If you grew up in a rigid, perfectionistic family, you may have developed an intense fear of failure and rejection. If someone you desperately wanted approval from conditioned that approval on unrealistic goals of perfect behavior, you got the message that no matter how hard you try, you were never good enough. If that person conditioned their approval on physical appearance, you got the message that being thin was the surest way to measure up.
Your parents or other family members may still focus their attention on outward appearances. They may not be comfortable, even today, talking about your feelings and emotions. They may express their approval only of your outward signs of success: your physical appearance, a prestigious job, exemplary school performance, a high salary, or material possessions. Success for them is determined by how you are “doing,” as opposed to how you are feeling. You need to recognize the possibility that your eating disorder or disordered eating patterns have come about as a response to your need for this conditioned approval. If you were unable to gain acceptance in other areas of your life, you may have turned to your physical appearance as an avenue of acceptance. Your fear of rejection has metastasized into fear of being fat.
Children’s frames of reference for sorting out the jumble of adult actions and motivations are their own experiences. So there is a tendency for children to blame themselves for family difficulties. A child whose parents are divorcing will ask himself what he did wrong. A child whose mother is angry all the time will wonder how she can make her mother happy. Children understand when something they have done wrong produces pain in others. An immature leap in logic can produce the false impression that when they experience pain themselves, they must be the cause of it. And those feelings lead to tremendous guilt.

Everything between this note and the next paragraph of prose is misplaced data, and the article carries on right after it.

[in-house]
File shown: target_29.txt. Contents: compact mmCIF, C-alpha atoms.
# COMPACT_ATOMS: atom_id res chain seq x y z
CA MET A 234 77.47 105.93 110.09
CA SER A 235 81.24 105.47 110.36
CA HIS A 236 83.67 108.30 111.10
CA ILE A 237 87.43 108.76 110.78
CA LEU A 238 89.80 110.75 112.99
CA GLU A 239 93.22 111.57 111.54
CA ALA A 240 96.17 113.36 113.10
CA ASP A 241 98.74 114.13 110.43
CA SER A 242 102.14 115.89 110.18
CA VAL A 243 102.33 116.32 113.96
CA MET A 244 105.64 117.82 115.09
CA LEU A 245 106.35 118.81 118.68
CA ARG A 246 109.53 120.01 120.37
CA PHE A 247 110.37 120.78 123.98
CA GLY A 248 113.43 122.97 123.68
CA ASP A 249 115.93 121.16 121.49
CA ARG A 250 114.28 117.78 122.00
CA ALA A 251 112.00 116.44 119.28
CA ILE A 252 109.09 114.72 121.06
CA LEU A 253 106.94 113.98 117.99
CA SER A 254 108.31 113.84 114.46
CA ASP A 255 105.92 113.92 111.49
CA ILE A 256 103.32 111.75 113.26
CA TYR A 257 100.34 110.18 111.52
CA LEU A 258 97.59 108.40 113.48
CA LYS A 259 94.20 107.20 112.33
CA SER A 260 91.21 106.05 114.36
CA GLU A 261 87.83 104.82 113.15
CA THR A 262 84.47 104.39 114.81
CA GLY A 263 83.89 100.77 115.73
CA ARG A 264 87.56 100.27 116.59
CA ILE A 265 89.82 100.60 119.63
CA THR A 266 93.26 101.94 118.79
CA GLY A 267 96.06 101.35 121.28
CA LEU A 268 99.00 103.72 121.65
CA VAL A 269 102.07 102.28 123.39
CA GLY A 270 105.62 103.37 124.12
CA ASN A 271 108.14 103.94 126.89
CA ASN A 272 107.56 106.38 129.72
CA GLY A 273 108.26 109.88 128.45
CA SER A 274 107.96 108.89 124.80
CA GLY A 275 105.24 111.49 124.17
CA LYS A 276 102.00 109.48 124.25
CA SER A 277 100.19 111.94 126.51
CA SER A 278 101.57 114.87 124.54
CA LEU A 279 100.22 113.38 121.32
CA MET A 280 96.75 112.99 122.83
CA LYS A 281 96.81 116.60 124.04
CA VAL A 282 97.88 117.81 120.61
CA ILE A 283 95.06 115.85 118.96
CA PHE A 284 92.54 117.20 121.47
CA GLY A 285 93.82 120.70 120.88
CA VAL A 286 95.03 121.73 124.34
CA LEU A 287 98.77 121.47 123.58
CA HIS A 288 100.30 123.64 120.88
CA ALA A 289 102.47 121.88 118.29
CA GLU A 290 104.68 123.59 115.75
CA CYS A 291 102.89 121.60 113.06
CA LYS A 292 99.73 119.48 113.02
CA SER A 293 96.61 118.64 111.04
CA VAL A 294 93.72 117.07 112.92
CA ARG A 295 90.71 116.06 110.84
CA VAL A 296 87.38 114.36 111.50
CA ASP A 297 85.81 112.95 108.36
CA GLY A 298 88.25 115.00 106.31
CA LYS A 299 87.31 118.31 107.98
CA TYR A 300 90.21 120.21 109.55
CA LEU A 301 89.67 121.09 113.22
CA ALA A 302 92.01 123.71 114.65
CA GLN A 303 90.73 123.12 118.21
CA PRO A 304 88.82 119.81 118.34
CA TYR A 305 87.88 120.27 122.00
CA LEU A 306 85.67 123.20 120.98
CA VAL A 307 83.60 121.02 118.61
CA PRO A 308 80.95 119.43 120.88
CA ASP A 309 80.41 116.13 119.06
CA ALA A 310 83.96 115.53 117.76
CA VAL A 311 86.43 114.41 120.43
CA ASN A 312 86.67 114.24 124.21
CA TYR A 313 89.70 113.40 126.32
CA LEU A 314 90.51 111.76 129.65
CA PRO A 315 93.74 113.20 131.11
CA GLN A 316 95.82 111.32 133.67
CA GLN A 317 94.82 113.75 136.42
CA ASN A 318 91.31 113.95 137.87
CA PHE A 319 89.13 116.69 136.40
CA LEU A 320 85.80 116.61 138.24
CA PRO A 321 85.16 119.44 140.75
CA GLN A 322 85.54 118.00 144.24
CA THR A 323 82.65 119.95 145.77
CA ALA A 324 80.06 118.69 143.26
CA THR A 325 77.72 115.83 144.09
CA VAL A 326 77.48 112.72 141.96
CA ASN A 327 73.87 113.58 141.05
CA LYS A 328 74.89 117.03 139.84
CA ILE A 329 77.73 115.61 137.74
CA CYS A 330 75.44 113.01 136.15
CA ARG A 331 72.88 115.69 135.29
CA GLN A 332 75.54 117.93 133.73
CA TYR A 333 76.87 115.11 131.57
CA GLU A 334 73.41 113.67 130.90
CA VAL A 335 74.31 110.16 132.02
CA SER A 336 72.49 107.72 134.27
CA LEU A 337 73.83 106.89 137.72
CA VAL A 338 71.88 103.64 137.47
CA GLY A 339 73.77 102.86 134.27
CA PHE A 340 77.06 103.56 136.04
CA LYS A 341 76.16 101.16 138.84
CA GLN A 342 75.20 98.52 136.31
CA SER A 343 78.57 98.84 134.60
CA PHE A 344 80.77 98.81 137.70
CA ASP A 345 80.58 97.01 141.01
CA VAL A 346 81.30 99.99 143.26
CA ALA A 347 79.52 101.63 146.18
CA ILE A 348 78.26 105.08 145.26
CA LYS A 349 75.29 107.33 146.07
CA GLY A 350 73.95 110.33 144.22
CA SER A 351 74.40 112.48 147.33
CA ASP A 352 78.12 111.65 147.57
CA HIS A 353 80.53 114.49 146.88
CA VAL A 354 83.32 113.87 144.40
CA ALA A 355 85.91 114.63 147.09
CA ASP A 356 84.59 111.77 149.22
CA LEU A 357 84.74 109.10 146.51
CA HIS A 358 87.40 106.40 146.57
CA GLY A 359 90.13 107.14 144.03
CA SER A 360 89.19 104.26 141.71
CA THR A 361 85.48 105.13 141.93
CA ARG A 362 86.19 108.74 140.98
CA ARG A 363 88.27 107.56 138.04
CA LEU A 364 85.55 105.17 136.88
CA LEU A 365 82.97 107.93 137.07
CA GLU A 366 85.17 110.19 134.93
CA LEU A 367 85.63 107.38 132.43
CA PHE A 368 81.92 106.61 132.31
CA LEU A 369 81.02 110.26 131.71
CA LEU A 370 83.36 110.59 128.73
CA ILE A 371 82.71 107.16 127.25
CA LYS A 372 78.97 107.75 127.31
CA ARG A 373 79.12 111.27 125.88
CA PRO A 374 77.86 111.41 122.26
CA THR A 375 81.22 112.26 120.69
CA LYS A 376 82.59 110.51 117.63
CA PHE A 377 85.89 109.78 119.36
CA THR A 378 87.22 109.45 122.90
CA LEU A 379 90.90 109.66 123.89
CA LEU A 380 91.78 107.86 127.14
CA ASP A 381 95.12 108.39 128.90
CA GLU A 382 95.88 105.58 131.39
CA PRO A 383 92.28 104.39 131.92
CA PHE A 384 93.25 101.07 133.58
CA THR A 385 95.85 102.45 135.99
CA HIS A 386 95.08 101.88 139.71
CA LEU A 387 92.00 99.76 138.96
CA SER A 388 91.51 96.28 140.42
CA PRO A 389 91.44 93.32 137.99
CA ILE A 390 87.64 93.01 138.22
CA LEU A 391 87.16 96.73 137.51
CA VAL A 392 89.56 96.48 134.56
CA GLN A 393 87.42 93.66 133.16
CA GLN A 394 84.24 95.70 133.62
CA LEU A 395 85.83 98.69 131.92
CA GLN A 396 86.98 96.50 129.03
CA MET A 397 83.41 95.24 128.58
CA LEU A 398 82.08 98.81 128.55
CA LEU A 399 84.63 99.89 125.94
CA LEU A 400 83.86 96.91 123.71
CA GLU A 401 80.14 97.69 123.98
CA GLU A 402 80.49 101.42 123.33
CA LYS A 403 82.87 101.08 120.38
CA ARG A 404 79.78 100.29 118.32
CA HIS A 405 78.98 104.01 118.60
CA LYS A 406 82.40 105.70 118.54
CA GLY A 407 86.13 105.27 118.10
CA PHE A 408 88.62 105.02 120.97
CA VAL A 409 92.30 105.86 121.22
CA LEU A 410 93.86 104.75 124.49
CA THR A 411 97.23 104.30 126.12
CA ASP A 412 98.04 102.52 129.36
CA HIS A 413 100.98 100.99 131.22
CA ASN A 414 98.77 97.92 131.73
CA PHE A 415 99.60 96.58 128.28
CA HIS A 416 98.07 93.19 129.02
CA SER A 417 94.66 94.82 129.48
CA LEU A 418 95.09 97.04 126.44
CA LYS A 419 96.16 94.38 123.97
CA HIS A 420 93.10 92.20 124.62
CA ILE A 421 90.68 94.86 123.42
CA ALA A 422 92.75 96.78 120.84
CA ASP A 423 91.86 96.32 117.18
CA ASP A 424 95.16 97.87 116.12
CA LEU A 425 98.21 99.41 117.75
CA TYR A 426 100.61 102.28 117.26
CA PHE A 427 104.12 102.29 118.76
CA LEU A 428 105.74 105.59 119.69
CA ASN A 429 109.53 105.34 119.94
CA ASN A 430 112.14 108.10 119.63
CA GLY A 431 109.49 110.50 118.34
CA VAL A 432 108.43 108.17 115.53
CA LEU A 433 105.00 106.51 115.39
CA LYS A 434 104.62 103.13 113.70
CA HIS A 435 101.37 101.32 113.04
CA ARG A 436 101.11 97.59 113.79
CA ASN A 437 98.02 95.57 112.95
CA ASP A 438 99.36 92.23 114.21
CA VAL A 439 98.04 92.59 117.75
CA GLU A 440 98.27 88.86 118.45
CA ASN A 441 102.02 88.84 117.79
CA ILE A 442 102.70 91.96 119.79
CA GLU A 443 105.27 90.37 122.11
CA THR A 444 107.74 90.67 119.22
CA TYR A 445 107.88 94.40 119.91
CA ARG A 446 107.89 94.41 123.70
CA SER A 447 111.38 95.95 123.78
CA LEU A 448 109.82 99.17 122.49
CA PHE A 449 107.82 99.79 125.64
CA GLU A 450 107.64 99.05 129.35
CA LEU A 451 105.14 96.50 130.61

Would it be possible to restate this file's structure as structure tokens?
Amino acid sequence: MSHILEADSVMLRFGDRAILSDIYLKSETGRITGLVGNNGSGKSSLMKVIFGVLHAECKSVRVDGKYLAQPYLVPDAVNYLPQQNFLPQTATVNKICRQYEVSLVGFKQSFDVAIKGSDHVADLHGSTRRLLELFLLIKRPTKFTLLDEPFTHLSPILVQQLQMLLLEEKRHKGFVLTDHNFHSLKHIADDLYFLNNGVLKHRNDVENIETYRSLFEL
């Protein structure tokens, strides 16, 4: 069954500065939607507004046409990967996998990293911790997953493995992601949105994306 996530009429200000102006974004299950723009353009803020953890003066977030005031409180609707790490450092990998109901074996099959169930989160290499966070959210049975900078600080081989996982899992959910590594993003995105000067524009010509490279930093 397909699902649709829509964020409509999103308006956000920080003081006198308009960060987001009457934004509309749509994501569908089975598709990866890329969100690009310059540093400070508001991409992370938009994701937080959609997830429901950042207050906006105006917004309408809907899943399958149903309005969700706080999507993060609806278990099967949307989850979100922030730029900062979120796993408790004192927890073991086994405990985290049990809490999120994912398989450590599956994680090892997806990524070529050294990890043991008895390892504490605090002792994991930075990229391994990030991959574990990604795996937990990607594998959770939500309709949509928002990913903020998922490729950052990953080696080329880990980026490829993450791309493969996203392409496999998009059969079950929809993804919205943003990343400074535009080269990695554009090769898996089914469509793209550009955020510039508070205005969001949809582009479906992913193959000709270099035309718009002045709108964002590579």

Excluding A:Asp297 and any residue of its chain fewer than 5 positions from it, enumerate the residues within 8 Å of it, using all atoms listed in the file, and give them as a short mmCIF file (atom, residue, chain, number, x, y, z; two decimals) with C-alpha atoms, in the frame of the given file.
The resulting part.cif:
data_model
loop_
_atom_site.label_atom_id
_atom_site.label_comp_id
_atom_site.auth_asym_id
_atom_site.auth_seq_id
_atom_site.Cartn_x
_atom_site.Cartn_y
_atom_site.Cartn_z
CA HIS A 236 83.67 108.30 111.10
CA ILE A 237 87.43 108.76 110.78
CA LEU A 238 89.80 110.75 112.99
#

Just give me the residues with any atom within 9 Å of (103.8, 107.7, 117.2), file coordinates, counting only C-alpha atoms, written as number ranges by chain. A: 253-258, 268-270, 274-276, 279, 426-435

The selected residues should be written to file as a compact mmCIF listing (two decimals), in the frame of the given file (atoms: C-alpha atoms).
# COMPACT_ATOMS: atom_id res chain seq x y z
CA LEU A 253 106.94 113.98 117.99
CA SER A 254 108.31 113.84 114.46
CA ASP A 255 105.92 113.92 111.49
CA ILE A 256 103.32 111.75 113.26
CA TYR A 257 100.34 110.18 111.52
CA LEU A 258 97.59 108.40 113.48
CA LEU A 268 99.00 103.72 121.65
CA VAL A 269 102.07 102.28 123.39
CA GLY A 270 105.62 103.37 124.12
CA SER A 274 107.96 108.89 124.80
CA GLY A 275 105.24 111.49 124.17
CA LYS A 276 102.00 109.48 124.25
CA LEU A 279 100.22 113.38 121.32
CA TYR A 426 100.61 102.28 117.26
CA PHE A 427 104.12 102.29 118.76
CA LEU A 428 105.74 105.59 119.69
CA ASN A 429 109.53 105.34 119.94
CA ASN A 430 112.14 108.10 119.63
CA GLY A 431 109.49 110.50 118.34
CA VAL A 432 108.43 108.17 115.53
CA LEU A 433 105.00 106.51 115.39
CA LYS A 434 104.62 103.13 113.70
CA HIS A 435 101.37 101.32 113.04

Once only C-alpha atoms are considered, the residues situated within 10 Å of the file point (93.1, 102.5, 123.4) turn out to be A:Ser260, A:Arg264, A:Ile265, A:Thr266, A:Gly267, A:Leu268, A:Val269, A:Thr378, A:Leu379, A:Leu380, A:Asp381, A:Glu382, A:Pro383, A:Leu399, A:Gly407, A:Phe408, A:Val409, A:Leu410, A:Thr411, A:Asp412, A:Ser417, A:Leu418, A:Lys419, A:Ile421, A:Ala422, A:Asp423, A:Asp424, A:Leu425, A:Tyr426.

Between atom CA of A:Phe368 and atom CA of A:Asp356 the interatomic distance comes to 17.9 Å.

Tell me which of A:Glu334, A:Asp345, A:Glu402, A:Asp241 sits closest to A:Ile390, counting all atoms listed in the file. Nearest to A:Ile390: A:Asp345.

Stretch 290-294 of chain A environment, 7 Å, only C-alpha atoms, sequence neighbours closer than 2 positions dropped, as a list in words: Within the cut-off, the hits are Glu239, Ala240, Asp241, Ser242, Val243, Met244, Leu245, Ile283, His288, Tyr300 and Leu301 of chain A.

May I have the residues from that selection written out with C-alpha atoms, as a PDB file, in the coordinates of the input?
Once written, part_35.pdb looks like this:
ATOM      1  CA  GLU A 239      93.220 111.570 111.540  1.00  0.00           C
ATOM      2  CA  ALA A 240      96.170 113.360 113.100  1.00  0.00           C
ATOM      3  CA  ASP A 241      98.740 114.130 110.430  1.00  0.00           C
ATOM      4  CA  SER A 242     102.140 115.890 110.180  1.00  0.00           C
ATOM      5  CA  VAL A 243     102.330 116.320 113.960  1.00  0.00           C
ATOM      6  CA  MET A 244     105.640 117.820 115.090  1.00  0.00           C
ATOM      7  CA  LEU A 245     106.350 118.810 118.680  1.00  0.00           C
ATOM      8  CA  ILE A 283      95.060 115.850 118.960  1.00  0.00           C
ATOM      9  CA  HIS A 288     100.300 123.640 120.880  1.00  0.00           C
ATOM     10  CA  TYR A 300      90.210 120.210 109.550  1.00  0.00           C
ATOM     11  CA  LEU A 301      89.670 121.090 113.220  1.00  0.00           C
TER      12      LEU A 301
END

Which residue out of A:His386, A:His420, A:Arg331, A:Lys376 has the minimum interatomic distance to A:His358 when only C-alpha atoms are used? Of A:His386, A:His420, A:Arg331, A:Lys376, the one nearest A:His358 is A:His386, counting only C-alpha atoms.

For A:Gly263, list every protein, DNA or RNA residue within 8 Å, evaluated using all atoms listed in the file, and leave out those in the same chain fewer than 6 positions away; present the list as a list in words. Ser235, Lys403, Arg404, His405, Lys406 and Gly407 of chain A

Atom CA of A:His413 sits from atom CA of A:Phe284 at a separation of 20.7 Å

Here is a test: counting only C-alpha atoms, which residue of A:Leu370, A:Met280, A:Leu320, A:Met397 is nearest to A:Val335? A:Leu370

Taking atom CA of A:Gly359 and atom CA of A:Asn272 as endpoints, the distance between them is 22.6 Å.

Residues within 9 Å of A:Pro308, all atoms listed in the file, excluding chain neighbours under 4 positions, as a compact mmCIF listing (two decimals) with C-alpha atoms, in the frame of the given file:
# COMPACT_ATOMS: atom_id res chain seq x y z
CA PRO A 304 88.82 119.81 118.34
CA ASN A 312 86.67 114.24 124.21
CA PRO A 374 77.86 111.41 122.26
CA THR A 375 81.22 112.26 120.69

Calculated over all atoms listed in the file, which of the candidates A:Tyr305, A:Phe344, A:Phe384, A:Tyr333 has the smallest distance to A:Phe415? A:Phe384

Eating disorders and a dysfunctional relationship with food can often be caused by past guilt manifested into control and self-harm. In order to control the guilt, an anorexic will self restrict food and liquids. A bulimic will binge to comfort the fear and purge out the guilt. An over-eater will binge to bring comfort as a way to appease the guilt. People who insist upon intentional unhealthy eating may have already written themselves off because of guilt and lack of motivation to make better choices.
A dysfunctional relationship with food thrives in an atmosphere of shame. Without significant weakening in the self-esteem and self-worth of a person, these destructive behaviors could not stand. In the progression of the eating disorder and disordered eating, shame over her inability to control her own behaviors is like a suffocating blanket. The person who has learned to love and forgive herself would throw off that blanket. But to the person who has lived in an atmosphere of shame, that blanket is a familiar, acceptable place to hide.
The anorexic feels shame at never achieving impossible perfection. The bulimic and the overeater feel shame at the out-of-control binging. In addition, the bulimic who purges through vomiting or laxatives will feel shame at the very way the food is expelled from the body. The overeater feels ashamed at simply being fat. The disordered eater feels ashamed at being unable to control those urges. Together, they constantly attack self-esteem and promote self-doubt—the perfect breeding ground for shame.
If you or someone you love is struggling with and eating disorder and the co-occurring emotions of fear, guilt or shame, The Center • A Place of HOPE can help. Call 1-888-771-5166 or fill out our contact form and someone from The Center • A Place of HOPE will be in touch with you soon.
Excerpts of this blog were taken from Dr. Gregory Jantz’s book Hope Help & Healing for Eating Disorders: A Whole-Person Approach to Treatment of Anorexia, Bulimia, and Disordered Eating.